Bill:                        And it requires that you be willing to test and iterate on the process and be open to a really important basic concept, which is that you may be selling to the CEO or the high decision maker in a company. You have a unique perspective because you’ve working with hundreds of companies like theirs. He may be running his own company.

She may be running her own company. That’s an intensive effort. They’re completely occupied within the working in the business. You can come in and help them work on the business by sharing what you’ve learned across hundreds of their peers.

Josh:                      It’s basically comes down to my favorite. One of my favorite modules for innovation is fail fast, fail cheap. Small experiments so if it doesn’t work, and most of them don’t work, you can get off a fast and go on to the next one. If you put a lot of time and effort into something, you tend to never want to give up because you’ve sunk all this time and effort and cost into what you’re doing.

Hey, Bill, unfortunately, we are out of time and you have been a great guest. I never thought we were going to go down all these rows, but boy, this was really fun today. So thanks so much. I really appreciate it. I’m going to bet folks are listening going to try to find you. How would they go about doing so?

Bill:                        I’m easy to reach out to at You can find me on LinkedIn and see an example of the approach that I’m talking about. I am following in your footsteps and started my own podcast. So I have the B2B Word of Mouth Marketing podcast and layout exactly how you do this.

Josh:                      Great. Sounds like a lot of fun. I encourage people to take a listen to it. Podcast is always good. I also have an offer for you. I have a program called Cracking the Cash Flow Code. But we also have a program called the Financial Freedom Project, which sort of talks about how you become financially free in your business. I’ve got this quiz I put together which will help you figure out whether you’re on the road to financial freedom or not. All you got to do is go to They’ll take you seven minutes. You click on the big orange button that says Get Started. You take the quiz. You’ll know at the end of the quiz, whether you’re on the road to financial freedom or not. Unfortunate thing is most of us aren’t and we do have some solutions for that. This is Josh Patrick. We’re with Bill Bice. You’re at Cracking the Cash Flow Code. Thanks a lot for stopping by. I hope to see you back here really soon.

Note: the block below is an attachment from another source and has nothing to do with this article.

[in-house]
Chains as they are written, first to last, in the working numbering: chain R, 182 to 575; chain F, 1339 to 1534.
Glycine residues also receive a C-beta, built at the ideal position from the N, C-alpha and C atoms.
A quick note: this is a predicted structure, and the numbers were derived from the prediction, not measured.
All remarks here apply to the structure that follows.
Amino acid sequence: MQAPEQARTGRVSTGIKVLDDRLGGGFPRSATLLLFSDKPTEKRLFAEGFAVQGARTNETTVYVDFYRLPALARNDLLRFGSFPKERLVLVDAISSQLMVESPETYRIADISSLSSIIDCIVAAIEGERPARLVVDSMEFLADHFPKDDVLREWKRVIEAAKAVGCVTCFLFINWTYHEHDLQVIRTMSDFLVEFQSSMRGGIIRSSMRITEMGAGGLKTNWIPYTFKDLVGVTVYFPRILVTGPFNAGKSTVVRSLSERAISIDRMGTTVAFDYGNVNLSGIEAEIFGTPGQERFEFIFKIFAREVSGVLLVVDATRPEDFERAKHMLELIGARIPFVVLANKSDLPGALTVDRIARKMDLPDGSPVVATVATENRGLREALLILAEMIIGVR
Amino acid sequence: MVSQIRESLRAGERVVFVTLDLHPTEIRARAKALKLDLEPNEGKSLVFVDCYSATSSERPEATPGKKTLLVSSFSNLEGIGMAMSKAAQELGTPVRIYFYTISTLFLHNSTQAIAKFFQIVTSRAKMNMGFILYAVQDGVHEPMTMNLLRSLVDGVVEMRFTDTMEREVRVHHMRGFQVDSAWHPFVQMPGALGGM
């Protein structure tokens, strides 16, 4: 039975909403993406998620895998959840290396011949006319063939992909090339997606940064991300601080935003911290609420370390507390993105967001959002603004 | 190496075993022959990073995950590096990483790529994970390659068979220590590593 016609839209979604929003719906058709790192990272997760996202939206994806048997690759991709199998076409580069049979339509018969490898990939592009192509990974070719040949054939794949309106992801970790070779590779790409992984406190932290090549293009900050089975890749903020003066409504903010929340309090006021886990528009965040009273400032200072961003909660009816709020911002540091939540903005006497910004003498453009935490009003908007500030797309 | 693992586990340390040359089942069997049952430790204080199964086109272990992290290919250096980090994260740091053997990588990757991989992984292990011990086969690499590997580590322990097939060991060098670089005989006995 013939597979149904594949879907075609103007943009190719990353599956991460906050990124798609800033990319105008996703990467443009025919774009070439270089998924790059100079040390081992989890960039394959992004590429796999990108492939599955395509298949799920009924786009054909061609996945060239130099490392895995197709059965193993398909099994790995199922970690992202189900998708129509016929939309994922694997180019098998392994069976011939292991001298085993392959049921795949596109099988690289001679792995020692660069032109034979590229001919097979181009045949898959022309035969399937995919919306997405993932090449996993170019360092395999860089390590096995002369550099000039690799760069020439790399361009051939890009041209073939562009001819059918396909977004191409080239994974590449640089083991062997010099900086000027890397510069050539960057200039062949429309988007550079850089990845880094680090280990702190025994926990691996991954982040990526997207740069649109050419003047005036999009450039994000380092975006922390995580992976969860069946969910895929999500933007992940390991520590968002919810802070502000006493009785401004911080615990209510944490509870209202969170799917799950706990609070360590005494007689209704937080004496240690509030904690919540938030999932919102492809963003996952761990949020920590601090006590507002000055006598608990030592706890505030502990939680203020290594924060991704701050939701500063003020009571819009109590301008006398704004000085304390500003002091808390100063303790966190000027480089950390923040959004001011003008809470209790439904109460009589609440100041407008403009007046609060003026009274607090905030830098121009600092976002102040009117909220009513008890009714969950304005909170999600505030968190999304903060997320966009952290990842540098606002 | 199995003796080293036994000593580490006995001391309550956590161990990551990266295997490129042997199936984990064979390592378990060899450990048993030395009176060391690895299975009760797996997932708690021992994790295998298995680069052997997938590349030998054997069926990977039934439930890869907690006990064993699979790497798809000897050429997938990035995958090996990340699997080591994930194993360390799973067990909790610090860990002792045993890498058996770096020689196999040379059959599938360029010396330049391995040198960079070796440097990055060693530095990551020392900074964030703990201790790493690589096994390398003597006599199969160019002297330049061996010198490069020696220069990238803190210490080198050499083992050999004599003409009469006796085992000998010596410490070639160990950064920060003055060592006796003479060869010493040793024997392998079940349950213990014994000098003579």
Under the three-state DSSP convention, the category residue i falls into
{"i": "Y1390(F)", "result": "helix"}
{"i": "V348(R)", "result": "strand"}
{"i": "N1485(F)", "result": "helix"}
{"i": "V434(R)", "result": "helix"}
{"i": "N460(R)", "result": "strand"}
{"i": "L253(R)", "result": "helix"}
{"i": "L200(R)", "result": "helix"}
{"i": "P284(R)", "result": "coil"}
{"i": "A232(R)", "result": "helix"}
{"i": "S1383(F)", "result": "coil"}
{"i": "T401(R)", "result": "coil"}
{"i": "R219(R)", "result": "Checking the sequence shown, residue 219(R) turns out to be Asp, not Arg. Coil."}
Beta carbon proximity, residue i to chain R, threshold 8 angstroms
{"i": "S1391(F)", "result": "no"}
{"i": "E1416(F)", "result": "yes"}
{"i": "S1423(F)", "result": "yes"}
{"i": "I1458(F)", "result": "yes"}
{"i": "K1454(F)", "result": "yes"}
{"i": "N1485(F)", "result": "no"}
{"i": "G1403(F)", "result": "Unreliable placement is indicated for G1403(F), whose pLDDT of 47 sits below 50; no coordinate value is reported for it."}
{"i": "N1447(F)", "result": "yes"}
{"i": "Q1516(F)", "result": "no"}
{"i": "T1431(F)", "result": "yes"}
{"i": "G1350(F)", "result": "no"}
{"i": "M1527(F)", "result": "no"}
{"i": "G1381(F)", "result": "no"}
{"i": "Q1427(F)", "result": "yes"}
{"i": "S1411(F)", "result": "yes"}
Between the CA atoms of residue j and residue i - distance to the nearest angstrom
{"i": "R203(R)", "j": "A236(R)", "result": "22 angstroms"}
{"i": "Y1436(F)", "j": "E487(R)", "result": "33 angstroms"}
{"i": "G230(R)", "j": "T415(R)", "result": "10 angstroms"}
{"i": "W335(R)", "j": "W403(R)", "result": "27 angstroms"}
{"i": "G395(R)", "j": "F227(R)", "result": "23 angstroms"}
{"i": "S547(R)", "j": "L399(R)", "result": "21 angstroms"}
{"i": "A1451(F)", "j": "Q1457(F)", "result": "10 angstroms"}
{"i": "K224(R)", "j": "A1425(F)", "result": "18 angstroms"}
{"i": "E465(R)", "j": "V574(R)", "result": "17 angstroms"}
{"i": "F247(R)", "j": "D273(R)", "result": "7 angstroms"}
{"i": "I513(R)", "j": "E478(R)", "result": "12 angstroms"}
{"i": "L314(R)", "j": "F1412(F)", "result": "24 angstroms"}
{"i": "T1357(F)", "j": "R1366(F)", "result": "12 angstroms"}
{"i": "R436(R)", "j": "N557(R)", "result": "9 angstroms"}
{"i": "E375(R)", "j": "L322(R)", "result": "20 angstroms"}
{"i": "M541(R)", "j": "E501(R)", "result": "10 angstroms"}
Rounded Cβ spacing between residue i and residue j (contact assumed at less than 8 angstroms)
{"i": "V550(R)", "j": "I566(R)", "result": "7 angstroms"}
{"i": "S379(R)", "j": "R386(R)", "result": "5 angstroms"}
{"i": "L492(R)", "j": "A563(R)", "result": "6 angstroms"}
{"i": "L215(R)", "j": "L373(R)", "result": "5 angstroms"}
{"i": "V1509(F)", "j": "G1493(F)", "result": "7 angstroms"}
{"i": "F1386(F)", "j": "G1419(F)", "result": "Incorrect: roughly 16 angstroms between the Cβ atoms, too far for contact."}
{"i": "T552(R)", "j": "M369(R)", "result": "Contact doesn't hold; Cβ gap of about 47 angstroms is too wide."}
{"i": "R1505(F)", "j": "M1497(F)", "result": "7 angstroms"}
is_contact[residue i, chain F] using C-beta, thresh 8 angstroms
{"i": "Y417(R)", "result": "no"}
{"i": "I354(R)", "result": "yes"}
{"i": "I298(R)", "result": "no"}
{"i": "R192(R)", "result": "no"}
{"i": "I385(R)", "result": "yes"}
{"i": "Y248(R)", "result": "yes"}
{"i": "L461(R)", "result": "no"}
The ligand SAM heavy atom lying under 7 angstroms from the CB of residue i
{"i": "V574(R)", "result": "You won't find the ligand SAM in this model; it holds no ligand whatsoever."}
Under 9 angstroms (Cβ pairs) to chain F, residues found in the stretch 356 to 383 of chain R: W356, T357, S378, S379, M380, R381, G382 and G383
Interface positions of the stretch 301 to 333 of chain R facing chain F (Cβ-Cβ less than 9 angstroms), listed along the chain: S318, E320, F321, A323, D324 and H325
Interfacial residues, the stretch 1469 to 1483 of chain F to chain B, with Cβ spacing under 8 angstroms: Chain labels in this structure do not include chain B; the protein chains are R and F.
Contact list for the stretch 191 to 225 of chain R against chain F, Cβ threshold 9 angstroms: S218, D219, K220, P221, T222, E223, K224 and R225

Narrator:             You’ve been listening to the “Cracking the Cash Flow Code” where we ask the question, “What would it take for your business to still be around a hundred years from now?”

If you’ve liked what you’ve heard and want more information, please contact Josh Patrick at 802-846-1264 extension 102. Or visit us on our website at Or you can send Josh an email at Thanks for listening and we hope to see you at Cracking the Cash Flow Code in the near future.

Topics: sustainable business podcast, Marketing, Sustainable Business, referrals, content strategy, boomtime, nurturing campaign, website optimization, bill bice